This simple C/C++ program does it for you!

We've all been there.

Sitting in a highschool math class learning about radicals and the boring process it takes to simplify them, when all of a sudden, it hits you:

Why not automate this?

There has to be a way, right?

Yes! There certainly is a way to simplify radicals through code. There are many different ways to go through the process but I will be going over a very intutive one.

Let's start off with the basics. When simplifying a square root, you're trying to find the
*
largest
*
perfect square that you can just remove
from the rest of the radicand.

In this formula, we have
*
S
*
, the
*
Radicand
*
, or the original number that we are getting the root of.

You'll find that in the right side of the equation, all we've done is seperated K from S.

K can be literally any number, but it makes more sense if it's a perfect square, because then you can remove the root symbol. Here's an example:

So now that we have the perfect formula for simplifying a square root, we just need an easy way to get K.

No need to fear, as I have built a program that works in C that will find K for us!

Since it works in C, it also works in C++. Additionally, that makes it compatable with the ce toolchain so you can build a root-simplifier right on your calculator!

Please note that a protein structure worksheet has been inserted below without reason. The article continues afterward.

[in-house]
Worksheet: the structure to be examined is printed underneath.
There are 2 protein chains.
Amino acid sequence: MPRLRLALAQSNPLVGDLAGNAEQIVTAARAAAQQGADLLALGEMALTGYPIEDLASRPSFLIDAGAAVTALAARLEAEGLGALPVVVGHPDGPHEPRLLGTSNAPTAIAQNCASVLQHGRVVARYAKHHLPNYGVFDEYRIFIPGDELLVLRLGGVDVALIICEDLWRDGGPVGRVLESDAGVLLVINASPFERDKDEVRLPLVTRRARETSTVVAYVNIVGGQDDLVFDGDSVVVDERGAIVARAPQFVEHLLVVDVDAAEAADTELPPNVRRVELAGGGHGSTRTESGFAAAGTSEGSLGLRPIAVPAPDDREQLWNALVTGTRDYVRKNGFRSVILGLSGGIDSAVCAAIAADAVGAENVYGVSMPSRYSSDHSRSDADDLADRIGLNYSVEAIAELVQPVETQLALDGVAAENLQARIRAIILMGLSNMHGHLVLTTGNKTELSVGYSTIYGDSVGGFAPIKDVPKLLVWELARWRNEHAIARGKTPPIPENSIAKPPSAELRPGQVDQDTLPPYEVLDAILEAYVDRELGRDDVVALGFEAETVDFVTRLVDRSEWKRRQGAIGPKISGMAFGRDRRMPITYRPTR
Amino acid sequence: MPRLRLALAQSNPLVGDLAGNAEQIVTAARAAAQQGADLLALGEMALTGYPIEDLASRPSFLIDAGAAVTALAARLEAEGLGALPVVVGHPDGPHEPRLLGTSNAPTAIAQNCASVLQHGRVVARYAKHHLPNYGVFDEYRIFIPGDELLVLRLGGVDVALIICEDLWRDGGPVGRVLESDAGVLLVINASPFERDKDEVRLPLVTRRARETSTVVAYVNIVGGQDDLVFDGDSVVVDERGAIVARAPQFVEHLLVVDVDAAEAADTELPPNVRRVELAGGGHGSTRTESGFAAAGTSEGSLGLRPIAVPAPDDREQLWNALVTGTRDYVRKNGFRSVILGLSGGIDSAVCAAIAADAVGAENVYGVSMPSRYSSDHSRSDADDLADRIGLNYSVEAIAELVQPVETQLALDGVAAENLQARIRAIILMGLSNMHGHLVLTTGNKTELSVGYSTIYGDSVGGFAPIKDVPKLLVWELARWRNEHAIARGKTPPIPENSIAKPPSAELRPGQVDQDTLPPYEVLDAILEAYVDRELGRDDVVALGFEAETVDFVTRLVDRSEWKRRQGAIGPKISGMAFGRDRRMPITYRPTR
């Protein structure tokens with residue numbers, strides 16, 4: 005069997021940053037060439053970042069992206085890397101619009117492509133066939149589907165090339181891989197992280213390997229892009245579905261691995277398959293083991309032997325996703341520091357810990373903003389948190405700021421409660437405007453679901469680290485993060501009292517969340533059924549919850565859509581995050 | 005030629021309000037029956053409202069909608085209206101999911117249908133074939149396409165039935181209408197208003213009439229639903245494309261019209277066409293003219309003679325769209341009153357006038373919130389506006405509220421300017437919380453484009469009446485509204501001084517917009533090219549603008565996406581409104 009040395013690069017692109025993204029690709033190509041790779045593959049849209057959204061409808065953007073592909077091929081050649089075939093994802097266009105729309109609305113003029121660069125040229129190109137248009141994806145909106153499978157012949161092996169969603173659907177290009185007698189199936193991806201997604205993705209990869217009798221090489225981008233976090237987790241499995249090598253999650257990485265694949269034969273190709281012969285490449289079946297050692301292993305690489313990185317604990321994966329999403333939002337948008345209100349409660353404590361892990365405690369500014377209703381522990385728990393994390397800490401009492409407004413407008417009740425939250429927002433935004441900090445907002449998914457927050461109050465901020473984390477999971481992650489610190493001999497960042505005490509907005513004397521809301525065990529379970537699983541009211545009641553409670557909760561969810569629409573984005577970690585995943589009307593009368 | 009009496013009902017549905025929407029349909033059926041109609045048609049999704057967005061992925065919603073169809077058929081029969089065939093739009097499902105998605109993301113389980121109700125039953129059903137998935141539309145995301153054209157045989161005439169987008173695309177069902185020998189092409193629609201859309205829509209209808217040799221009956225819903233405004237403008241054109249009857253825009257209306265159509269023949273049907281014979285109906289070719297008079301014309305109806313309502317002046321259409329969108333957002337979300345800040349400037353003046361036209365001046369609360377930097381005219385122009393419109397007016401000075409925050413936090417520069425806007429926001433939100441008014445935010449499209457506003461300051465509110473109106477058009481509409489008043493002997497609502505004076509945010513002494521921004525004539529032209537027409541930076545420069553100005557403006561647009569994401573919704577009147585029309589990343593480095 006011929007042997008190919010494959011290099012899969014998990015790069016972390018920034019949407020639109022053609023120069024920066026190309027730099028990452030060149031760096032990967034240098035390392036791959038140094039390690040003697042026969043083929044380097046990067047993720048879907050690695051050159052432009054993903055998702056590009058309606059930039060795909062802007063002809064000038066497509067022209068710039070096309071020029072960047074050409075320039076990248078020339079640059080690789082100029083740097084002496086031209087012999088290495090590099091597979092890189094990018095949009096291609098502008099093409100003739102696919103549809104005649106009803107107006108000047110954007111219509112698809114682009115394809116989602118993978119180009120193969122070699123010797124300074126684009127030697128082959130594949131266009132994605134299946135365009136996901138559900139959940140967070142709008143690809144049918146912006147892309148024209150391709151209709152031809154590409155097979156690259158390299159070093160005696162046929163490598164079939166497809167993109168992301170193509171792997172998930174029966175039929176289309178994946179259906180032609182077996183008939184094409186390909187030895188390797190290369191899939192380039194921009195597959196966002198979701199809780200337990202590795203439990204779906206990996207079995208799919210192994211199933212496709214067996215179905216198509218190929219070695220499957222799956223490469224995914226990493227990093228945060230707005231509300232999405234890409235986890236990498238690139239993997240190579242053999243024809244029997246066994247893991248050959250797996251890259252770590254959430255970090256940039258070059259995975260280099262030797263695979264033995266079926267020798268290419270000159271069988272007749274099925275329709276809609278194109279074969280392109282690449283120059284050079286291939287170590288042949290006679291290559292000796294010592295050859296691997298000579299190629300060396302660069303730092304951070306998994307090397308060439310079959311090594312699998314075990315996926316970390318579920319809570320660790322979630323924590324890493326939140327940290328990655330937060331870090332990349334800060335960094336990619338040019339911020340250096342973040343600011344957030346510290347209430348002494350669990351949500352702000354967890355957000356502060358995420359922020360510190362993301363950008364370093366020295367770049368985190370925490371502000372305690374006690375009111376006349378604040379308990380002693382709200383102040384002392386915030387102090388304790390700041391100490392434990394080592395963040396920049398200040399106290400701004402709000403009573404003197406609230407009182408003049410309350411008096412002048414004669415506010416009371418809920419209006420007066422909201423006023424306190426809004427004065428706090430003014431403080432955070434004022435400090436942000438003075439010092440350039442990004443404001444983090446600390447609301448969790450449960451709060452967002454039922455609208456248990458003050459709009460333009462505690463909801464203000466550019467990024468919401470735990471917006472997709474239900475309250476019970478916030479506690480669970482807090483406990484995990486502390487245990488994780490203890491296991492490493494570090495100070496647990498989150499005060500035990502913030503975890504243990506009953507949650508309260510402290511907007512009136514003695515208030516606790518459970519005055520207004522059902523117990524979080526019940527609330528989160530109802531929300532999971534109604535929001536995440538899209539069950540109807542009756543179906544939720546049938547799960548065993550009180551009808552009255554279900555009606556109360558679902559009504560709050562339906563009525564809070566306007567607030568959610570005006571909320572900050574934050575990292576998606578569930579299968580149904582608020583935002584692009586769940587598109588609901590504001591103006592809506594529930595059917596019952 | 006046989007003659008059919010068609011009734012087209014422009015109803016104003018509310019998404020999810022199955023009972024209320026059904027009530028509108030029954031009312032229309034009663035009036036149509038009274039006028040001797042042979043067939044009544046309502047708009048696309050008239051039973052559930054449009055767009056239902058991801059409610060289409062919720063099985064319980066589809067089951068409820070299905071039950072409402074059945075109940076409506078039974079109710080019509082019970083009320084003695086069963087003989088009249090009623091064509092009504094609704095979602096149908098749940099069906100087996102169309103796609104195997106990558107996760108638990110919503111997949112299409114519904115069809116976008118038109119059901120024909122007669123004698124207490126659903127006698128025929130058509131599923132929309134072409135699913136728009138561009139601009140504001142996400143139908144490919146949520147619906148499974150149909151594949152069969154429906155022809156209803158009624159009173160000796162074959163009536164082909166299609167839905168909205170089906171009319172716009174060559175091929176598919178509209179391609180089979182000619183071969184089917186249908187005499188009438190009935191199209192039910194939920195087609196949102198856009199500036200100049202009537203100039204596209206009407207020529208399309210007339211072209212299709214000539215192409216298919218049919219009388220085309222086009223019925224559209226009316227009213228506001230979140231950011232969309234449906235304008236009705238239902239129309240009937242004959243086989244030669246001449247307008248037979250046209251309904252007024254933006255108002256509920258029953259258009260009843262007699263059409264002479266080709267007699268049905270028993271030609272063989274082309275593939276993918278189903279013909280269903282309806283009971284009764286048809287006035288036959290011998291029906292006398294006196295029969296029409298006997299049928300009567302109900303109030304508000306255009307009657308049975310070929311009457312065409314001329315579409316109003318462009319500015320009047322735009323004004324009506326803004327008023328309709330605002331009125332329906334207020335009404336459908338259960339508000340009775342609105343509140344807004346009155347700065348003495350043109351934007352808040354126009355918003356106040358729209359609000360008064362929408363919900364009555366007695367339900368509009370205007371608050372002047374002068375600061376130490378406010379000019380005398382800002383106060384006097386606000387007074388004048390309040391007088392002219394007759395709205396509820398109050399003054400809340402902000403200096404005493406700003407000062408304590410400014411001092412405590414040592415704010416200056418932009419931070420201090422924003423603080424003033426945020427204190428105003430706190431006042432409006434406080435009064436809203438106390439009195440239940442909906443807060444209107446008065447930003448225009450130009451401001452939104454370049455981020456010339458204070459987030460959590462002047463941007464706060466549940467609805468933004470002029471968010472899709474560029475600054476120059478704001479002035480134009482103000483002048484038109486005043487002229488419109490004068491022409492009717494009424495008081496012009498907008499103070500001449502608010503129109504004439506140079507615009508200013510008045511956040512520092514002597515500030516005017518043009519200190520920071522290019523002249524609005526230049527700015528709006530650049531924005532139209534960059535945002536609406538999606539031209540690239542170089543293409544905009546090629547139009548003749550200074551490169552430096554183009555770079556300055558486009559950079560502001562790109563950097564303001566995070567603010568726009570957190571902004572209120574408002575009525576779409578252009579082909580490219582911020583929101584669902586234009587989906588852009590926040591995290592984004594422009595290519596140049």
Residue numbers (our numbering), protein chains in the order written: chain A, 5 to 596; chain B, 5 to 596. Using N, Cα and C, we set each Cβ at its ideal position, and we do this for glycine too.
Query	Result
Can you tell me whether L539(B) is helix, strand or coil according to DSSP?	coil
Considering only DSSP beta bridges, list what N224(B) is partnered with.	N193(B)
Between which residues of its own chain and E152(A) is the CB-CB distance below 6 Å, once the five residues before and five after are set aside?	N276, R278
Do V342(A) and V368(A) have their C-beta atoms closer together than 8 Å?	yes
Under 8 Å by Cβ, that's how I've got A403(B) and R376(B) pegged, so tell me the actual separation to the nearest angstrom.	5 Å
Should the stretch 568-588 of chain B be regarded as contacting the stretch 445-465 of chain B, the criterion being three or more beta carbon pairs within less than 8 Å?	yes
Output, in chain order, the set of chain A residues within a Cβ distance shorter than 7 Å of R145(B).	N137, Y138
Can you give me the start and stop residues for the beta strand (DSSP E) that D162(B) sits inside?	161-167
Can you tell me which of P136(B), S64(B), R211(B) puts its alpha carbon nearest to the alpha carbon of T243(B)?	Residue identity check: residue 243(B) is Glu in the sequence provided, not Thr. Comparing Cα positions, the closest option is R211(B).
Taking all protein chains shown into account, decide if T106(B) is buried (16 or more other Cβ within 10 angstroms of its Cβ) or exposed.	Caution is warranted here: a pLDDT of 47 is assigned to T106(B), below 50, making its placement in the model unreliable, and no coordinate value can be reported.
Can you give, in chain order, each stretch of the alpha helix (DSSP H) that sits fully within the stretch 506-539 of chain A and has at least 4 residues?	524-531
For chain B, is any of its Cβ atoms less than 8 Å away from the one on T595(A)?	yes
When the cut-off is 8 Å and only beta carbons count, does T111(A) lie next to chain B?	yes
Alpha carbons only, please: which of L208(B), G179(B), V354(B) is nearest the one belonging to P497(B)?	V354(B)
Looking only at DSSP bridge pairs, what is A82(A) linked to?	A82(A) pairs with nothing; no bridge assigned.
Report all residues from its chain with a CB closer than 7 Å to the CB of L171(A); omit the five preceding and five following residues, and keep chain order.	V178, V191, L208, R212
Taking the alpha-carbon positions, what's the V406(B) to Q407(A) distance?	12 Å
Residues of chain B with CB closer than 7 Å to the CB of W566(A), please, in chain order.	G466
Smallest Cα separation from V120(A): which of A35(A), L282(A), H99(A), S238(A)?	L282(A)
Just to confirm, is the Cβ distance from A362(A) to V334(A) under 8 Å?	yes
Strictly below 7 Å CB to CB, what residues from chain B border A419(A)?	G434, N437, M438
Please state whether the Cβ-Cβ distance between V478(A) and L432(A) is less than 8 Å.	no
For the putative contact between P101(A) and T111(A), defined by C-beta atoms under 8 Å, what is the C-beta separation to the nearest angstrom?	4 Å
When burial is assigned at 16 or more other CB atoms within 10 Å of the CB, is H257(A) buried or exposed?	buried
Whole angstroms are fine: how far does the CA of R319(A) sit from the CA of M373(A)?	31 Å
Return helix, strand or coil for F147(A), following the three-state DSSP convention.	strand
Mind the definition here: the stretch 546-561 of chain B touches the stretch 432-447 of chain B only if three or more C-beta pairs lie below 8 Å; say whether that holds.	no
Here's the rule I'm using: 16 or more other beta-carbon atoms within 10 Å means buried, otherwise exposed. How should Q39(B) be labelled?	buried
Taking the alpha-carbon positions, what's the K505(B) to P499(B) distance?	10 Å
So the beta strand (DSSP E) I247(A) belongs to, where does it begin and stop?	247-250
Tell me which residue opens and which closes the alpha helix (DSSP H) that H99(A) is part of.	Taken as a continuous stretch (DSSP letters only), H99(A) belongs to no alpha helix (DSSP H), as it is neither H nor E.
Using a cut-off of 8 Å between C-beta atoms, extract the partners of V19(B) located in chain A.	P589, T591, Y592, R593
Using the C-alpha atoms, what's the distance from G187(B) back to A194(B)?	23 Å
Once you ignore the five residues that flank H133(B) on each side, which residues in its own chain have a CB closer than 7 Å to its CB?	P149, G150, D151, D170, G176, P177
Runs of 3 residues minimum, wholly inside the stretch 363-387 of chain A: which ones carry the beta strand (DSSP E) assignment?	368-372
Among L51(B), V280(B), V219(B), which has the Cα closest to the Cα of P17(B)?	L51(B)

```
/*
---------------------FUNCTION DATA---------------------
Author: Aengus Patterson
Date: 10-20-2022
license: MIT license
Required Libs: <stdlib.h>
Input: square, where square is S in the formula below
Output: K, where K is in the formula below
Formula: sqrt(s) = sqrt(K) * sqrt(square/K)
Example: sqrt(24) = 2 * sqrt(6)
*/
//to find K, we go through every number up to square to see if it is
// 1) divisible by square
// 2) a perfect square
int simpSqrt(int square)
{
//the value of K may not change so we set it to 1
int K = 1;
for (int i = 2; i <= square; i++)
{
//if i is divisible by square, then we can move on
if (square % i == 0)
{
//the algorithm below is used so you don't have to include <math.h>
//its a square root algorithm that only gives the output (endNum) correctly when
//the input (i) is a perfect square, which is good because that's what we want.
int counter = 1, squareRoot=1, endNum;
while (squareRoot <= i)
{
counter++;
squareRoot = counter*counter;
}
endNum= counter - 1;
//if the square of endNum == i, then it's a perfect square.
if (endNum * endNum == i)
{
//set K equal to i. This may be set multiple (or no) times throughout this loop.
K = i;
}
}
}
return K;
}
```

There you have it! Just call that function from somewhere within your code and you'll have K. From there, you can build a program that can simplify all those square roots for you.